Which inanimate nouns, if any, can be made possessive by adding ’s?
The opinions on this question vary widely, ranging from a belief that virtually any inanimate noun may take an ’s to the view that few, if any, ever should.
At one end of the spectrum, William Follett claims in Modern American Usage that an “ancestral rule . . . reserves . . . ’s for ownership by a person” (254), while at the other end, Marjorie E. Skillin and colleagues argue that using ’s with an inanimate noun is only awkward on “rare occasions” (358).
Other authorities on grammar and style land in the middle of these two extremes.
The authors of A Comprehensive Grammar of the English Language, for instance, believe that many inanimate nouns can take ’s, but instead of articulating an underlying principle, they provide a definitive list of the kinds of nouns that may take the possessive ’s: geographic names, locative nouns (which denote “regions, institutions, heavenly bodies, etc.”), temporal nouns, and other nouns “of special relevance to human activity” (e.g., “brain,” “body,” “freedom,” “science,” and “love” [Quirk et al. 324]).
In contrast, Garner’s Modern American Usage lays out a single commonsense principle that writers can use to decide for themselves whether an inanimate noun should take a possessive ’s. The author, Bryan A. Garner, maintains that the possessive ’s may be used with inanimate nouns “whenever it’s not a violation of idiom” (646). For instance, one would not write “the bed’s foot,” because “the foot of the bed” is an idiom—that is, a set phrase—so the version with the ’s sounds like a mistake. Indeed, Garner argues that when the possessive ’s does not violate an idiom, it is “preferable”—presumably, though he does not spell this out, because it makes writing more concise, avoiding unnecessary “of” phrases. As examples of possessives that work better with ’s, he offers “the book’s title,” “the envelope’s contents,” and “the earth’s surface.”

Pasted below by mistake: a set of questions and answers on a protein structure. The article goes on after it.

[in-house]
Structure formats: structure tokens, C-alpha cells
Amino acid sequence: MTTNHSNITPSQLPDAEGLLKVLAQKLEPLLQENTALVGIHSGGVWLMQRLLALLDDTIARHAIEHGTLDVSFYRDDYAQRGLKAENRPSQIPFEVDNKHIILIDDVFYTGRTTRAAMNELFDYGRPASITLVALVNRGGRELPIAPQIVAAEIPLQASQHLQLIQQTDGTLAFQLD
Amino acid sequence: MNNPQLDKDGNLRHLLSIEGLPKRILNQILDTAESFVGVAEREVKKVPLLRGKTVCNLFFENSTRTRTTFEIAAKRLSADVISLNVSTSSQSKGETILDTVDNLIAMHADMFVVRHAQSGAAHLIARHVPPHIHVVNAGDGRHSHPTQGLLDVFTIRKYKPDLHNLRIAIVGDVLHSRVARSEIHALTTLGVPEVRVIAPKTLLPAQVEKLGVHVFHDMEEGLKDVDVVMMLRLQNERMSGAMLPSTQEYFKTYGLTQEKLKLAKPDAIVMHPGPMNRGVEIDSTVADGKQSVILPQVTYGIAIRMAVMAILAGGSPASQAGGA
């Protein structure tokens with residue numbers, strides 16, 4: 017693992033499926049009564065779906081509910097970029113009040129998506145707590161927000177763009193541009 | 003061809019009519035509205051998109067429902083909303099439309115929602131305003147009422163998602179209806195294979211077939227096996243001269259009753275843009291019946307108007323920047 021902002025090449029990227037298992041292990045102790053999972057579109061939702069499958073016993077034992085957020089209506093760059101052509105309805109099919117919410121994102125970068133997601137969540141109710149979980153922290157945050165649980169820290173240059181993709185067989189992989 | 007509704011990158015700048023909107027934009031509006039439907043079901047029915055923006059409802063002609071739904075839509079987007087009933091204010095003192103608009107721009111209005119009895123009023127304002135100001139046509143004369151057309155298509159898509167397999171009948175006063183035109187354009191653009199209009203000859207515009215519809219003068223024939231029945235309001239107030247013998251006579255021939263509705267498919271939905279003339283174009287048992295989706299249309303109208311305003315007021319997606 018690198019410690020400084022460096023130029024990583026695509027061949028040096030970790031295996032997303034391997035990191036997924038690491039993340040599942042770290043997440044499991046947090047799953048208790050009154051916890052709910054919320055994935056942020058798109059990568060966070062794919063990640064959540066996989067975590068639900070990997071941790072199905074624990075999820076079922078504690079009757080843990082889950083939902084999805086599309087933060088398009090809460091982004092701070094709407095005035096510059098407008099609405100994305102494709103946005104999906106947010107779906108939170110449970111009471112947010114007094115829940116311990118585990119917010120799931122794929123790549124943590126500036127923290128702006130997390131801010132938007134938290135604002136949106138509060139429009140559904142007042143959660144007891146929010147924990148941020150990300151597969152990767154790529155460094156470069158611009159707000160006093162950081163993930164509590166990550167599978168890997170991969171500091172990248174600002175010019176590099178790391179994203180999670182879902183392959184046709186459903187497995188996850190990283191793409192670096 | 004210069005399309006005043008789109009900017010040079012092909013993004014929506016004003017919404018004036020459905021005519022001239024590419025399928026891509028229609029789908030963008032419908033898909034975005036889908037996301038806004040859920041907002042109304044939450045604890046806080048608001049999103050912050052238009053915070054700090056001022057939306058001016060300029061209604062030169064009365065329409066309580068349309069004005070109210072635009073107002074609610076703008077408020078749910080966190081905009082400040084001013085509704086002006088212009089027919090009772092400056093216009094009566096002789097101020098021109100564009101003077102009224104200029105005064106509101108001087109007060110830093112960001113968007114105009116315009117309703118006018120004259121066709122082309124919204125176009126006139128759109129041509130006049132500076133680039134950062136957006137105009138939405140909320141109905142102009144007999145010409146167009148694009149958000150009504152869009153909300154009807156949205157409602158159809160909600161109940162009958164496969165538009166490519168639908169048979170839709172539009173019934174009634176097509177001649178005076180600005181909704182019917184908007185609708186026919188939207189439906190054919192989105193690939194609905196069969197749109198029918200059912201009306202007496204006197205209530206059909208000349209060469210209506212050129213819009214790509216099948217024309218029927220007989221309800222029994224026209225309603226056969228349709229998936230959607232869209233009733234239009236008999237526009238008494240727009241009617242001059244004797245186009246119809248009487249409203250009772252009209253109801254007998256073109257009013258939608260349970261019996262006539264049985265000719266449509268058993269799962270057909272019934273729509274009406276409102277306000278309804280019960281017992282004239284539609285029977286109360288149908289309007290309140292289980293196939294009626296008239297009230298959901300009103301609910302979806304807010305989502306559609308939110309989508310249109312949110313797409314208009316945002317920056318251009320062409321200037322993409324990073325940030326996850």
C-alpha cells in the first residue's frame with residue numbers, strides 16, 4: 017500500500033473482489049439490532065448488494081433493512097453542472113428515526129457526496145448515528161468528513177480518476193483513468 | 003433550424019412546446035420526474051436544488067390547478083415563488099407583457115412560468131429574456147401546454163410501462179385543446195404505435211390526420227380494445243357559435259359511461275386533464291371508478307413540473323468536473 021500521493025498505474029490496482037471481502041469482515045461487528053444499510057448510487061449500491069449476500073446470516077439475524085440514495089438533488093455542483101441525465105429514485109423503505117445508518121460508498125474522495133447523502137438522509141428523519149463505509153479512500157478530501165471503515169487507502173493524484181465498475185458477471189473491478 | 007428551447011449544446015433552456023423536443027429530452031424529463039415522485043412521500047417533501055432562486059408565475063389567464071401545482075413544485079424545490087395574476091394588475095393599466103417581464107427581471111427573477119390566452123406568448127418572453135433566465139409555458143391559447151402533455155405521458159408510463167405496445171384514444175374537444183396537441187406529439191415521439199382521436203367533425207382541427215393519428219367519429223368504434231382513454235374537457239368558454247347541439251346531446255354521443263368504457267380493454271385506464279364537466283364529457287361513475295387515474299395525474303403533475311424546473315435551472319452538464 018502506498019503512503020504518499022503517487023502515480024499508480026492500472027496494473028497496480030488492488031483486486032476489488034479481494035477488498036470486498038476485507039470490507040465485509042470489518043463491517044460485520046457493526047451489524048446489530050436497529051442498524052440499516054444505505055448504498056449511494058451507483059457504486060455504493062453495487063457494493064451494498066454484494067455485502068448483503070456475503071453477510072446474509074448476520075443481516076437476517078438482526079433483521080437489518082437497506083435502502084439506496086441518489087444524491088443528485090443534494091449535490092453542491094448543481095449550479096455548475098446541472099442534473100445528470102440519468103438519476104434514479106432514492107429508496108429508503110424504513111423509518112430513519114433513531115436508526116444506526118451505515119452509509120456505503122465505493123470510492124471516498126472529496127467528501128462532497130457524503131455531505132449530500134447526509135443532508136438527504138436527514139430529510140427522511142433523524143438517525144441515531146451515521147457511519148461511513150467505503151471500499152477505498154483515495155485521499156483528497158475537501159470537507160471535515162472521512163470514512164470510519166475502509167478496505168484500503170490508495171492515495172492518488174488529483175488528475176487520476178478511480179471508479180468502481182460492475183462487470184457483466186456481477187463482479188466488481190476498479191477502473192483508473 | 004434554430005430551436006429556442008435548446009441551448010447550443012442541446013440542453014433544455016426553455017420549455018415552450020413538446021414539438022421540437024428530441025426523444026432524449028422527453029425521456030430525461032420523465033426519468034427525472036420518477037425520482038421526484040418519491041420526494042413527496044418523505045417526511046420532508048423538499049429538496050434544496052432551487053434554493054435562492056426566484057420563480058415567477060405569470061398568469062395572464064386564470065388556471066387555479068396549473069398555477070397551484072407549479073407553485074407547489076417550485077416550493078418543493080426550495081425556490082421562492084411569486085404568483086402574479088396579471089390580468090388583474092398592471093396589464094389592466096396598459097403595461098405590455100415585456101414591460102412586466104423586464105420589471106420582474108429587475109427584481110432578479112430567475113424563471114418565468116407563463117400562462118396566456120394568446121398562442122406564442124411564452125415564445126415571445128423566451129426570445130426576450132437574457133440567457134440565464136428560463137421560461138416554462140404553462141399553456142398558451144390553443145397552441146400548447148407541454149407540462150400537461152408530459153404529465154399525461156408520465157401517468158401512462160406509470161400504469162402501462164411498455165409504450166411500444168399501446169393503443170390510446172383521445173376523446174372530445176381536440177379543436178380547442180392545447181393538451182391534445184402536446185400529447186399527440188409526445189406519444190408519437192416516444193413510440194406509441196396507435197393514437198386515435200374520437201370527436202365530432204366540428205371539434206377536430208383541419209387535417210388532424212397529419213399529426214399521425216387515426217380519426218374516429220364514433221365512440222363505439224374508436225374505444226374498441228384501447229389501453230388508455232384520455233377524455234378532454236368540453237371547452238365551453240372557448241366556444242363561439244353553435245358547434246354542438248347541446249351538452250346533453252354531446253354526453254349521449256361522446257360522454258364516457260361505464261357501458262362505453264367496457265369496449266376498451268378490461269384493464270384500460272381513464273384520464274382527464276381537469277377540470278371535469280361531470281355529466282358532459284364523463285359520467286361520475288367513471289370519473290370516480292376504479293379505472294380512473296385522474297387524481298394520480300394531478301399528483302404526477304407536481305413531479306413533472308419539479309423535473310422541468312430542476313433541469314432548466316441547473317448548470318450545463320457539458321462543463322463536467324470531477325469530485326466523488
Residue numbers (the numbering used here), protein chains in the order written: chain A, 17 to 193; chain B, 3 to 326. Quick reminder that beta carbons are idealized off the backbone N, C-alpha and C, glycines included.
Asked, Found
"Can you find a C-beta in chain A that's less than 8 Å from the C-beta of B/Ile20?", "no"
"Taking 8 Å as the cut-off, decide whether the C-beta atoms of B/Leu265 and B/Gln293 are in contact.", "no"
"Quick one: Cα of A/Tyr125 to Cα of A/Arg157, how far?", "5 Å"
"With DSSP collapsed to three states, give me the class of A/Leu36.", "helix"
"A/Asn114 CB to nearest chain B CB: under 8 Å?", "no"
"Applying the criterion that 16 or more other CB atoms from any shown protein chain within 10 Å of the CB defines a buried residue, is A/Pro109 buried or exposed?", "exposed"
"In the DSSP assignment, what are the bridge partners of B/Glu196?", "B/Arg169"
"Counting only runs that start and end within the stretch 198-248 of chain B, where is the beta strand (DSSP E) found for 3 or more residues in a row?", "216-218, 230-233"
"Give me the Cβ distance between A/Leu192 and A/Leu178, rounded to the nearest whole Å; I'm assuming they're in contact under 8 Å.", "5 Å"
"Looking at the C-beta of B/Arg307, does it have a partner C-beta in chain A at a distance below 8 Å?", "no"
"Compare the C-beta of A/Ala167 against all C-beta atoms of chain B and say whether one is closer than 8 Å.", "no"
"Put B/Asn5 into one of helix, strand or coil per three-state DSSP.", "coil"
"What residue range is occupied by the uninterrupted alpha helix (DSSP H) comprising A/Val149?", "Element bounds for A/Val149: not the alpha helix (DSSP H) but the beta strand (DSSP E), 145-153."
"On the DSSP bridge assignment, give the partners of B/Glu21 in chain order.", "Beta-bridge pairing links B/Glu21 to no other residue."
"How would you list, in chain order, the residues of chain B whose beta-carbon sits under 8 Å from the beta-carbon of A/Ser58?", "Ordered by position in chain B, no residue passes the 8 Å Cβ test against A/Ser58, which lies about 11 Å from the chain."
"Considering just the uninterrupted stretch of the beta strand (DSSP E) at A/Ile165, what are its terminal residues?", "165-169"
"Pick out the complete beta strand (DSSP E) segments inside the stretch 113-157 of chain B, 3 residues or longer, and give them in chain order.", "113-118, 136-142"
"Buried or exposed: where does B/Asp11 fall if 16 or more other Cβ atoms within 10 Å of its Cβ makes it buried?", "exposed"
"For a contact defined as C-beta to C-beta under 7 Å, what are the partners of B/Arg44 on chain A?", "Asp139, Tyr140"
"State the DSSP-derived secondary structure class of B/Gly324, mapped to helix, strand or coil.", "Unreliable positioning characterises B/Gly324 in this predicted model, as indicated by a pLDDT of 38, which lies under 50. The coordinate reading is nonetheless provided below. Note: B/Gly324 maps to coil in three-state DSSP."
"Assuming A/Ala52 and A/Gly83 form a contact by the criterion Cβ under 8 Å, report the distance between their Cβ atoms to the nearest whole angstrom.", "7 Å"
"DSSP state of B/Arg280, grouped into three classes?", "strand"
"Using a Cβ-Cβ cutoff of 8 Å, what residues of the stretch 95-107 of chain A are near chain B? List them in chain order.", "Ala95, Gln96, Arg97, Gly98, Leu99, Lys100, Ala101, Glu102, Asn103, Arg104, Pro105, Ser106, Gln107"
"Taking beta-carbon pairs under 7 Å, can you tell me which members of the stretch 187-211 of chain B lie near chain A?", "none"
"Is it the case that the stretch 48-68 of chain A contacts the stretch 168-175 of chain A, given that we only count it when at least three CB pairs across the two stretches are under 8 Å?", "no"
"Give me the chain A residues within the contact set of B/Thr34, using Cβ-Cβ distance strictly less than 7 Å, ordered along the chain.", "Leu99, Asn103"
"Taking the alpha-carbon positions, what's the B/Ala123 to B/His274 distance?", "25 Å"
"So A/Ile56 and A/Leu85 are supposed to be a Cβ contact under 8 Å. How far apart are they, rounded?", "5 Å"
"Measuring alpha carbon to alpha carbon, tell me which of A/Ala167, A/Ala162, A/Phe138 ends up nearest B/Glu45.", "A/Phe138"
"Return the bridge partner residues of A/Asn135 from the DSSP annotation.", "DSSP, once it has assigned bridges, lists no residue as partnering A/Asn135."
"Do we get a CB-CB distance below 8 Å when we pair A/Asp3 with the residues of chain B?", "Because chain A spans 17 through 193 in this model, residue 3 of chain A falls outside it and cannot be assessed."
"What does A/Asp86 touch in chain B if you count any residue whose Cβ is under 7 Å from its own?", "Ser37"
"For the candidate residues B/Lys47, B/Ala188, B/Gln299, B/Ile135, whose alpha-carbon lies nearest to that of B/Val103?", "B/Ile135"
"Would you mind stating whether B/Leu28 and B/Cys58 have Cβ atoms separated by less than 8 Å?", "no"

Ultimately, then, writers may choose to adopt an approach laid out in one of these guides, or in one of the many others like them. Or, with experience, they may develop their own set of guiding principles. I, for one, find Garner’s guidance clear and helpful—and yet flexible enough to allow me to follow my own intuition. To my eye, “the envelope’s contents” looks weirdly compressed, like the words on a soda can that’s been partially crushed.
The question of inanimate nouns and the possessive ’s is a good reminder that—as with so many questions of style—writers must eventually learn not only to follow the lead of grammarians and style experts but also to trust their own instincts.
Follett, William. Modern American Usage: A Guide. Edited and completed by Jacques Barzun, Farrar, Straus, and Giroux, 1966.
Garner, Bryan A. Garner’s Modern American Usage. 3rd edition, Oxford UP, 2009.
Quirk, Randolph, et al. A Comprehensive Grammar of the English Language. Longman, 1985.
Skillin, Marjorie E., et al. Words into Type. 3rd ed., Prentice-Hall, 1974.